How Dangerous is Ocean Plastic? Insights From Global Experts on the Greatest Threat to Marine Wildlife

By George H. Leonard, PhD and Nicholas J. Mallos MEM

Over the course of the 30-year history of the International Coastal Cleanup, volunteers have removed over 200 million items from beaches and waterways around the world.  The top-ten list of items removed includes items like plastics bottles, plastic bottle caps, aluminum cans, cigarette butts, derelict fishing gear and a range of disposable plastic goods and food packaging. The scientific literature is replete with anecdotal information of marine wildlife impacted by these marine debris items. Indeed, over 690 species (from the smallest of plankton to the largest of whales) have been documented to be negatively impacted by marine debris.

But until now, the consequence of different marine debris items to populations of these animals – and the mechanism by which they do so – has been far less clear. Experimentally testing the impact of plastic items to whole populations of marine wildlife is technically challenging (if not impossible) and for species that are of threatened or endangered status, legally prohibited as well as morally questionable. But we have just published a paper in Marine Policy along with our colleagues Drs. Chris Wilcox and Denise Hardesty at Commonwealth Scientific and Industrial Research Organisation (CSIRO) in Australia that uses elicitation techniques to overcome these challenges. Our analysis provides key insights into the relative threat of different debris items to a healthy ocean that should provide additional impetus to decision makers to tackle this growing problem.

Elicitation is a widely used technique to rigorously quantify the professional judgement of a community of experts on a specific issue. It has been used to evaluate threats to endangered sea turtles as well as provide insights into coastal risk management under changing climate conditions. In today’s connected world, we used the worldwide web to reach out to a large number of experts around the world that had professional experience with marine debris, its interactions with marine wildlife, or had undertaken taxa-specific research on sea turtles, marine mammals, or seabirds. Using a detailed survey instrument, we asked them to use their professional judgement to estimate the likelihood that different taxa would encounter specific products in the ocean, estimate the severity of the impact of those encounters, and allocate this impact among three types of threats (entanglement, ingestion or chemical contamination). Applying a statistical model allowed us to rank order the relative impact of 20 different marine debris items on seabirds, marine mammals and sea turtles.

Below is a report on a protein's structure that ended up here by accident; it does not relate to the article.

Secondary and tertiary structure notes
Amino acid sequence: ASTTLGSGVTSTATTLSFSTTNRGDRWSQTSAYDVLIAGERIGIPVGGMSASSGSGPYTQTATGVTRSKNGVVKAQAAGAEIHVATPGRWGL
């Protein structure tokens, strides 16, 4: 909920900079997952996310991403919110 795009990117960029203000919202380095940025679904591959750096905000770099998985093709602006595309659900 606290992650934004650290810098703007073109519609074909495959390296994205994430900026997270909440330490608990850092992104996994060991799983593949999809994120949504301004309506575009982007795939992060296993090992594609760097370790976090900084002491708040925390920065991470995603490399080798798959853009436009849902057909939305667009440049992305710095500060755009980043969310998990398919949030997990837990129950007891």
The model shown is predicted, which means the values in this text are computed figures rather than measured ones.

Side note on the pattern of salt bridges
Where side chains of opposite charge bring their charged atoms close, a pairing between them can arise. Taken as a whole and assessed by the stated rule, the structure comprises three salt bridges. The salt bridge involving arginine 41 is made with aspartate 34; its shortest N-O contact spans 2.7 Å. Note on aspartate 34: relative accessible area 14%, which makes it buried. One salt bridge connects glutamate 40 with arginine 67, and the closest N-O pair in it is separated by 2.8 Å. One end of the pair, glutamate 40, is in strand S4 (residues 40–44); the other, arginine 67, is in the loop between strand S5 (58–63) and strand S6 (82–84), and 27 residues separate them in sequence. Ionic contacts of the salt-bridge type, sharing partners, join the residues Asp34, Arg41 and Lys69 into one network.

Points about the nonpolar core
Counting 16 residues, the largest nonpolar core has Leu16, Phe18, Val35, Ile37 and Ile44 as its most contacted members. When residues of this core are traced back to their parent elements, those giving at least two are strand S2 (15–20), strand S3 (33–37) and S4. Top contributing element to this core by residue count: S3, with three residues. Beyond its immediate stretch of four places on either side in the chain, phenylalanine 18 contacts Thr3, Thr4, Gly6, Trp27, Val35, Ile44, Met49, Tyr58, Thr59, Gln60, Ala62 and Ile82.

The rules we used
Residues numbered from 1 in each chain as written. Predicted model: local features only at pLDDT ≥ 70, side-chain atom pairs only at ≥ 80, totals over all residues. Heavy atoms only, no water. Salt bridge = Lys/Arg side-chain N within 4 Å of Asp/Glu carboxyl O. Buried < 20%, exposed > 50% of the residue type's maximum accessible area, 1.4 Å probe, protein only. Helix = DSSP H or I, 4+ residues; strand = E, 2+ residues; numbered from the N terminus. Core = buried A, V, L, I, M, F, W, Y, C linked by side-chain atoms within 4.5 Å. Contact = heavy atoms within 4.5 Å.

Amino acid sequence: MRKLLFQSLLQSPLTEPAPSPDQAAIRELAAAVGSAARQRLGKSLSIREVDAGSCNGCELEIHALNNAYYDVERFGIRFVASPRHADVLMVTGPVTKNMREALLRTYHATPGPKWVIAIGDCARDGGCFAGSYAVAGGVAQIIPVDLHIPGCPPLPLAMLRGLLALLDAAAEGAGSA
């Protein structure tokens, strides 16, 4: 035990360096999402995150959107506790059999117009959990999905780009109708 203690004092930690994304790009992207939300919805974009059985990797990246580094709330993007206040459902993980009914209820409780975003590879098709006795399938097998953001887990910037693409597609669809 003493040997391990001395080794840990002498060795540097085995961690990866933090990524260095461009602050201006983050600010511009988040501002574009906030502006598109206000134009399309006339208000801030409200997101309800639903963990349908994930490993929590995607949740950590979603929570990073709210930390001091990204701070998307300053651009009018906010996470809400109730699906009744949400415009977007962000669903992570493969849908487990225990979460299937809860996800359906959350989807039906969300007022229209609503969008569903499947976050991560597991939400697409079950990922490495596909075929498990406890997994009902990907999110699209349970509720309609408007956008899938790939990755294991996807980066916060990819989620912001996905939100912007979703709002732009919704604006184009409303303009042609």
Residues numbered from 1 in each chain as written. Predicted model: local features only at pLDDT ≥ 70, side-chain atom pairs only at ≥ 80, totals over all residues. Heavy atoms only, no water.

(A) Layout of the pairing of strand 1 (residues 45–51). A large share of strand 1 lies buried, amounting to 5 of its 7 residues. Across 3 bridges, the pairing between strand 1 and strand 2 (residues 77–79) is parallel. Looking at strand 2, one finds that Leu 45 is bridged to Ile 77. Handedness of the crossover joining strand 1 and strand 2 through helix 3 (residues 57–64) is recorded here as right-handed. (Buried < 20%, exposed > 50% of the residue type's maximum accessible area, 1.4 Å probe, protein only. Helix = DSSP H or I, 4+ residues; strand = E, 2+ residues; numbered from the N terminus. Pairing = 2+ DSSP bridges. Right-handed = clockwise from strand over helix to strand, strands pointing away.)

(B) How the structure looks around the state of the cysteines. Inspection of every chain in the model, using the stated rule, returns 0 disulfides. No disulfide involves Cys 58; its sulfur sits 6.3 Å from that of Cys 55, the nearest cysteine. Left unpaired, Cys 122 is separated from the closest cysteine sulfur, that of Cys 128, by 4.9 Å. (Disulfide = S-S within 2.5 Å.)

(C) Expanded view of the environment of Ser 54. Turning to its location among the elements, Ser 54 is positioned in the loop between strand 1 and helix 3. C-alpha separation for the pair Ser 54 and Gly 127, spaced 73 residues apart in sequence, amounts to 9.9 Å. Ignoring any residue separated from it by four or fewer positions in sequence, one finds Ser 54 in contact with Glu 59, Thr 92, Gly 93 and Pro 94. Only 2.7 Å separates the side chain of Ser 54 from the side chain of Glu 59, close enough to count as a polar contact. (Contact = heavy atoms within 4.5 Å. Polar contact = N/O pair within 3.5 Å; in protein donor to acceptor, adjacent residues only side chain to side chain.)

Our results are striking and provide key insights into policy needed to address impacts to wildlife.  Derelict fishing gear, including nets, fishing line, traps and buoys were found to pose the greatest overall threat to all types of marine wildlife, largely through entanglement. Given that fishing gear is purposefully designed to catch animals, this result isn’t surprising but it does suggest that focused attention is needed to reduce the threat of derelict fishing gear on marine species. The Global Ghost Gear Initiative is an innovative approach to confronting this problem and Ocean Conservancy is proud to be an active member of this effort.

Among the other items tested, plastic bags emerged as the next most impactful item for marine wildlife. Experts highlighted the tendency of animals like sea turtles to mistake them for food.  Disposable plastic bags have long met the ire of environmental activists and numerous efforts around the world have successfully banned them in some locales. In the United States, California became the first state to outright ban plastic bags. Our findings suggest that the policy attention plastic bags have received is scientifically warranted given the product’s large relative impact on ocean wildlife.  But other everyday items were near the top of the list. These include plastic utensils and balloons, the latter of which often have a length of twine attached which can entangle wildlife. Only non-plastic items were found at the bottom of the list.  These include glass bottles and paper bags, products that global experts ranked as relatively benign to seabirds, sea turtles and marine mammals.

Our results, however, suggest something more than a product-by-product approach to reducing plastics impacts in the ocean is vitally needed. A whole host of products (from caps to foamed packaging to straws and stirrers) were found to have at least some population impact. Science published earlier this year showed that upwards of 8 million tons (nearly 17 billion pounds) of plastics may flow into the ocean each year. That staggering number, combined with our new results on the relative impact of these products, suggest that a mechanism to prevent the full suite of plastic items found in oceans and waterways from ever reaching these habitats in the first place is critical to protect the majority of marine wildlife from plastic contamination.  In short, we must attack the totality of plastics in the ocean if we truly hope to protect the ocean’s health.

Much like the findings from our study, no single entity can solve our ocean plastics problem alone. It requires collective action from individuals and NGOs, to governments and the private sector to stem the tide of plastics.

Our new paper shows just how important this will be to the wildlife that calls the ocean home.

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